The Ashburton Guardian, COUNTY AGRICULTURAL & SPORTING RECORDER. TUESDAY, OCTOBER 21, 1879.
Major Atkinson has been accused of crying down the colony’s credit in the Home money market, by placing upon the housetop the real present financial position of New Zealand, and what it will probably be at the end of the financial year. We have no idea that the disclosure to English capitalists of a million deficiency will hurt our credit so much as will the telegram that takes Home the information of a reaccession to power by the party whose admirable financing caused the tide of public wealth to ebb so low ; and whose diplomacy kept the true state of afiairs concealed from both the capitalists whoso good opinion we desire to court and the people of the colony who find the interest of the money already borrowed, and that of the £5,000,000 loan which is to be the next increase to our indebtedness.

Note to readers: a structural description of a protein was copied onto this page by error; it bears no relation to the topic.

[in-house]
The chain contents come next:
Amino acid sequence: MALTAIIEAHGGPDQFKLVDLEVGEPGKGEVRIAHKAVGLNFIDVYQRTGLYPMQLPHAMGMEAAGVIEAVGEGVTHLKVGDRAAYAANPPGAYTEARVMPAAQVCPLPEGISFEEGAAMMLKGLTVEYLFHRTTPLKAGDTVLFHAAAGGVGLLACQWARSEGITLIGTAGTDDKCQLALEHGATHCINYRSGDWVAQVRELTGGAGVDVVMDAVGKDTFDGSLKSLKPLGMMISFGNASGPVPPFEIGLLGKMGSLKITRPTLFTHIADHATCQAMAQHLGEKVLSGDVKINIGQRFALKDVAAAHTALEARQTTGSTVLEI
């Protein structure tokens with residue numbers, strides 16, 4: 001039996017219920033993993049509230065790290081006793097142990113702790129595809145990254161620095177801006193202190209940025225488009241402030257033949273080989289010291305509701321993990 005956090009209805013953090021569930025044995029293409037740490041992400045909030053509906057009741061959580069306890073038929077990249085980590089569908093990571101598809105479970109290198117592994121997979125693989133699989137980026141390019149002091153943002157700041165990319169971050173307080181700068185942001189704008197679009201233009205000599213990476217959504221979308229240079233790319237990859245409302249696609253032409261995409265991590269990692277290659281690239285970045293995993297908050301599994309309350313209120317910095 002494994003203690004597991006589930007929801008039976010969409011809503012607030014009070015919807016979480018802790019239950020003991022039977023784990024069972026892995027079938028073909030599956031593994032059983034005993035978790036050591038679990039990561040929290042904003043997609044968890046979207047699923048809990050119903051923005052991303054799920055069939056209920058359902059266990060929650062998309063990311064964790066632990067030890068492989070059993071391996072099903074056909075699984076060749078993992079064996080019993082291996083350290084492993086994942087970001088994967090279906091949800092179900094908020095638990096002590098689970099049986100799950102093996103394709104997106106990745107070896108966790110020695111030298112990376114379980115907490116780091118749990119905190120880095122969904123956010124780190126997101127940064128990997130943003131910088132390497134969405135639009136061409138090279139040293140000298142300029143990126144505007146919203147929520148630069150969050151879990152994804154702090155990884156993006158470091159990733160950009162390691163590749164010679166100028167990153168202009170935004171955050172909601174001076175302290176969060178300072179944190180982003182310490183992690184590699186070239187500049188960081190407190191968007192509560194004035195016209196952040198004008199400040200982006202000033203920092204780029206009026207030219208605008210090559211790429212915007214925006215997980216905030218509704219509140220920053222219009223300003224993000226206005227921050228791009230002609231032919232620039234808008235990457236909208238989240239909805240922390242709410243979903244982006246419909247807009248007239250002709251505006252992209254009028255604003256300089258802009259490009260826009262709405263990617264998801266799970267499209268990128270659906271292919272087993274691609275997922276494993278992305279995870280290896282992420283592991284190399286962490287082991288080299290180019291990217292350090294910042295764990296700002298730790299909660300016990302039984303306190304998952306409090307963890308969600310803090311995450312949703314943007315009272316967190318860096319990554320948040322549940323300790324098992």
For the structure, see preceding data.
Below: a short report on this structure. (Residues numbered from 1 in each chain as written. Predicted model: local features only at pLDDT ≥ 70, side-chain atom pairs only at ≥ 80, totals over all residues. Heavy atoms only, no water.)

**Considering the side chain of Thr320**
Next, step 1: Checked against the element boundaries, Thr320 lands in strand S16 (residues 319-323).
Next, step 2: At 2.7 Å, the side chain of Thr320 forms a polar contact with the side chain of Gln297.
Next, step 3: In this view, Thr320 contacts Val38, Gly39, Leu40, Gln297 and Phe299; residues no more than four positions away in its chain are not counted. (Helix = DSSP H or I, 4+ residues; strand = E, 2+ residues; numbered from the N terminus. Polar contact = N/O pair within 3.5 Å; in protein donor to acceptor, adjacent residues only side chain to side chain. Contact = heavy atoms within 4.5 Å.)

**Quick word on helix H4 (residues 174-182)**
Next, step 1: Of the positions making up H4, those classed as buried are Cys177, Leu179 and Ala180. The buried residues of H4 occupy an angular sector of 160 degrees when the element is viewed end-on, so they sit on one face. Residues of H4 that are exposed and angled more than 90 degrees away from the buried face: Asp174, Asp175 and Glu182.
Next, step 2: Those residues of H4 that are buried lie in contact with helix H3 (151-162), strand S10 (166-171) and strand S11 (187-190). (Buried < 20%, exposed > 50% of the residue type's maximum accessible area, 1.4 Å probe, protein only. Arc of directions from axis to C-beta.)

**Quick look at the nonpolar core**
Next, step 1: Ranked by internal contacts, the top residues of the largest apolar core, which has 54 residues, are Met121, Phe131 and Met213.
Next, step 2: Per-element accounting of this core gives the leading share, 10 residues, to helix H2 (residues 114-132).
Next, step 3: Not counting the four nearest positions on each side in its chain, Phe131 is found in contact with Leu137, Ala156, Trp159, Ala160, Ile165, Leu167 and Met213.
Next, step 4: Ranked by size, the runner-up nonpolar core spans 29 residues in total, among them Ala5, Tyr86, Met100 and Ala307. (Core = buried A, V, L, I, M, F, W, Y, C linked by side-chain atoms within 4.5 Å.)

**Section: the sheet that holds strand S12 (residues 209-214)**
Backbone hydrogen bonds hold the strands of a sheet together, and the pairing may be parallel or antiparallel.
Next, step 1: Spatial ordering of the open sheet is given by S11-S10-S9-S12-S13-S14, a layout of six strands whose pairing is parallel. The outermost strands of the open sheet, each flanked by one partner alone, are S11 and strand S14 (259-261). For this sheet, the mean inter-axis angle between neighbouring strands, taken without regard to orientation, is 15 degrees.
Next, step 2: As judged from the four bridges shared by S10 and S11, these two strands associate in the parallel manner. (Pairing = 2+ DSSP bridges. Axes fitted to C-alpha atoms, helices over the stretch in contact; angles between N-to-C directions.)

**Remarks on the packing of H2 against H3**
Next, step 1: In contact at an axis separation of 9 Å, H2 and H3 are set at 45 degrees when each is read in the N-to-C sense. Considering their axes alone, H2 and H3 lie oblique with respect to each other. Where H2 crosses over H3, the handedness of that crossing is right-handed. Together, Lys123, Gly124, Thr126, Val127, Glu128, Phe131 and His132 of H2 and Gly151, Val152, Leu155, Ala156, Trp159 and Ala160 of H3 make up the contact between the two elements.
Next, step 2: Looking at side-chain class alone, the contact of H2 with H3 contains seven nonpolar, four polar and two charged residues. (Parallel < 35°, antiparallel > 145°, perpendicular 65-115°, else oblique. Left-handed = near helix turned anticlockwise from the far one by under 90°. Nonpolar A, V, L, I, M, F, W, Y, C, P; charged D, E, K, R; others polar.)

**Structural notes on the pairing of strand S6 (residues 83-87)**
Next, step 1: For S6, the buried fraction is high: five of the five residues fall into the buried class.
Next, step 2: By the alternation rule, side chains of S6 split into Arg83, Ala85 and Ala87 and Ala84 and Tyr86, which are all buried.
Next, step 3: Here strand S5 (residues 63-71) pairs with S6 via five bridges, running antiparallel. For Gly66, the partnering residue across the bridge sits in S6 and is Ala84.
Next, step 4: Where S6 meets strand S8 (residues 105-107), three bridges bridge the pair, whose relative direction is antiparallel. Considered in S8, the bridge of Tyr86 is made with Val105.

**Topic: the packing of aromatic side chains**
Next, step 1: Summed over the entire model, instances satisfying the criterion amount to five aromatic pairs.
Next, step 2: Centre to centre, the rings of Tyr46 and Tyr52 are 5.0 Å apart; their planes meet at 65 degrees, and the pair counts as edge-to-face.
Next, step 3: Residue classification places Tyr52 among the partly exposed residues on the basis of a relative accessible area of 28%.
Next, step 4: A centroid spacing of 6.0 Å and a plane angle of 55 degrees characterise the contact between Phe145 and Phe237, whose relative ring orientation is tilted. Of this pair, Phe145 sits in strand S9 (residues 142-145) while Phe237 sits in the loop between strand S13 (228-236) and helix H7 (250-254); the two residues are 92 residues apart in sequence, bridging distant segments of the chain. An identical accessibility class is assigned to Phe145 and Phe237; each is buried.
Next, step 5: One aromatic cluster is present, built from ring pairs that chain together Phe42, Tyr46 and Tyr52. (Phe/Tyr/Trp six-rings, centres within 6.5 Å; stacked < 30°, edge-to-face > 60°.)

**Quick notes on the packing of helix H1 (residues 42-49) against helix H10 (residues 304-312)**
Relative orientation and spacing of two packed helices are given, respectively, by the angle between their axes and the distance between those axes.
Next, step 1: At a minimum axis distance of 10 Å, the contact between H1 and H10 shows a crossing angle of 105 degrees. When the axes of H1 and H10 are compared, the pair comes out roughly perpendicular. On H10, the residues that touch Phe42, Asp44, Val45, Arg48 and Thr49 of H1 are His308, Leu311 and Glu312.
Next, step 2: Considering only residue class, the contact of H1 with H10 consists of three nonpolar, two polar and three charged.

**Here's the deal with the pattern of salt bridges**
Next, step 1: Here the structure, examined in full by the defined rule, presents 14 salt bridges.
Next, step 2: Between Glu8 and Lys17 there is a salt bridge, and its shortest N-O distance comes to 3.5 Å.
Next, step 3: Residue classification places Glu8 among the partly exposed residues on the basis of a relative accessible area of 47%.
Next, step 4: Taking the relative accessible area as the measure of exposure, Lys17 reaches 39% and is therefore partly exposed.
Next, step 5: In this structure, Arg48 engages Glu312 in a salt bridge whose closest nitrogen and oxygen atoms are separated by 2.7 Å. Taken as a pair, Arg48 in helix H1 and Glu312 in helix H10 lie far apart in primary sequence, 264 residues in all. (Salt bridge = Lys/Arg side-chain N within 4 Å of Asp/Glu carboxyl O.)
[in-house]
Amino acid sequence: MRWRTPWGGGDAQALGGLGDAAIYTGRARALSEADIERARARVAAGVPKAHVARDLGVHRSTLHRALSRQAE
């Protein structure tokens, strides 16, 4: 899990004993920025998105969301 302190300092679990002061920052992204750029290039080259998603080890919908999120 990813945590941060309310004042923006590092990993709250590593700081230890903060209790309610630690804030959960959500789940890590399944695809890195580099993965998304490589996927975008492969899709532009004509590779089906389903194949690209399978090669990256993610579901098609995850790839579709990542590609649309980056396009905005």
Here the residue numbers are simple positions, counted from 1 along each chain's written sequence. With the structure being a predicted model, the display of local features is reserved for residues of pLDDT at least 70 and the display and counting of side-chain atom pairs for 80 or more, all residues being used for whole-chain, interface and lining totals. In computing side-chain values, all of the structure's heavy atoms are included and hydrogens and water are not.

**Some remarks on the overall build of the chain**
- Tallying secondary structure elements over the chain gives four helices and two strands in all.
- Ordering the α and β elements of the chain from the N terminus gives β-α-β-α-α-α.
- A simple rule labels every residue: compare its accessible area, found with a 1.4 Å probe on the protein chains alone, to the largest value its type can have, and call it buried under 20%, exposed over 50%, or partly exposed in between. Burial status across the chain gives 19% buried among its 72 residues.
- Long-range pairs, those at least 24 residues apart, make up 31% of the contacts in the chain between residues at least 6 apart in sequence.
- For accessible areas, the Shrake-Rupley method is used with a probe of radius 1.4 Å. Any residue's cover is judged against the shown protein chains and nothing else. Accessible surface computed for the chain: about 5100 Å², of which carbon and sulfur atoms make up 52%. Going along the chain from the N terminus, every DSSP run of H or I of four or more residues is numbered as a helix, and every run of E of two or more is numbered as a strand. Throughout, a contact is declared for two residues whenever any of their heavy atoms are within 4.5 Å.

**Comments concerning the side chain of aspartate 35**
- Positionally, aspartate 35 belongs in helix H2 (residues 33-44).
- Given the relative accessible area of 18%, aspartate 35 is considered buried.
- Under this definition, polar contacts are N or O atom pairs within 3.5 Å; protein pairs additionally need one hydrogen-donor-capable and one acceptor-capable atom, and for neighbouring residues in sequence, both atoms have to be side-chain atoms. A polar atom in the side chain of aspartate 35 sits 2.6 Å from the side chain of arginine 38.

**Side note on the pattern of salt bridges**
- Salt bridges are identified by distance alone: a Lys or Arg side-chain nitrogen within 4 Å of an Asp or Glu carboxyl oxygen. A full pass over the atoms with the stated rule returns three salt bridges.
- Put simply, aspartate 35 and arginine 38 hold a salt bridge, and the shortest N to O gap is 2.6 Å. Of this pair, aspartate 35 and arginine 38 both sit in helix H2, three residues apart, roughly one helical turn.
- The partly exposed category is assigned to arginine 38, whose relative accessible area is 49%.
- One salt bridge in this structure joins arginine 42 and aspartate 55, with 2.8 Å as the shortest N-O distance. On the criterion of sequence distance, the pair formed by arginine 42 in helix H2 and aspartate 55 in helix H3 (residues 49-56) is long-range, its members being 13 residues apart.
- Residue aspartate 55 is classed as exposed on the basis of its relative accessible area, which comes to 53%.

If we are to borrow money, let us do it under no false pretence. Do not let us go into the market with a sounding boast that we are financially right, while the fact is we are financially wrong. In the end it will be better for us if we tell the truth about our position. Major Atkinson knows this, and has acted upon it, and the country is his debtor for the information he has given it. All the year through the colony has seen indications that the public exchequer was becoming light, and the hurry to get the £5,000,000 through Parliament gave token that things were not so promising as they ought to have been. But the late Government let not a syllable escape indicative of the true state of affairs. Their tactics have rather been to conceal this from the country, and to lull it to sleep in a fool’s paradise of security. The “speech from the throne,” which was so full of highly Liberal measures, hardly mentioned finance, and what it did say regarding that subject has scarcely met with a corroboration in the Financial Statement delivered last week. The Speech told us the colony was financially sound ; but it did not tell us of the falling off in revenue that confronts us in the Colonial Treasurer’s Statement. It did not tell us that, to make good the falling off, we should have to dig deeper than ever into our pockets to satisfy the taxcollector, nor that the duties recently remitted, with no benefit to the consumer of the articles set free, would have to be reimposed, and new and additional lines of taxation struck to make up the revenue to the level of expenditure. No indication of this kind was given to us. We were allowed to remain in ignorance of the real state of affairs, and the colony’s knowledge of its public finance was at best but a suspicion. Now the murder is out ; and when the hard, cold facts stare us in face, and we know that the Colony of New Zealand, as a going concern, balances with a deficiency, we hear the accountant who has struck the balance accused of injuring the concern’s credit when he writes down the figures. We repeat, those figures will not injure the colony. When the capitalist learns the position of the concern to which he is asked to loud his money, he will learn, we may be sure, in whose hands its affairs were when it got into difficulties. The sum short will not frighten him. It takes a good deal to break the credit of a colony like New Zealand. But when he learns that under Sir George Grey’s management the colony’s affairs financial got mixed, with no sign of effort made to extricate them from their involvement; when he learns that Sir George Grey’s Native Minister has been at liberty to do as he would with the funds of his department; that the same liberty was accorded to his Works Minister ; and that the same team is again in power ; he will think twice before he lets go his gold to make up the coveted £5,000,000. No, the deficiency will not hurt our credit, but our credit will be seriously injured if we allow the mis-man-aging directors of affairs again to come to the supremacy.
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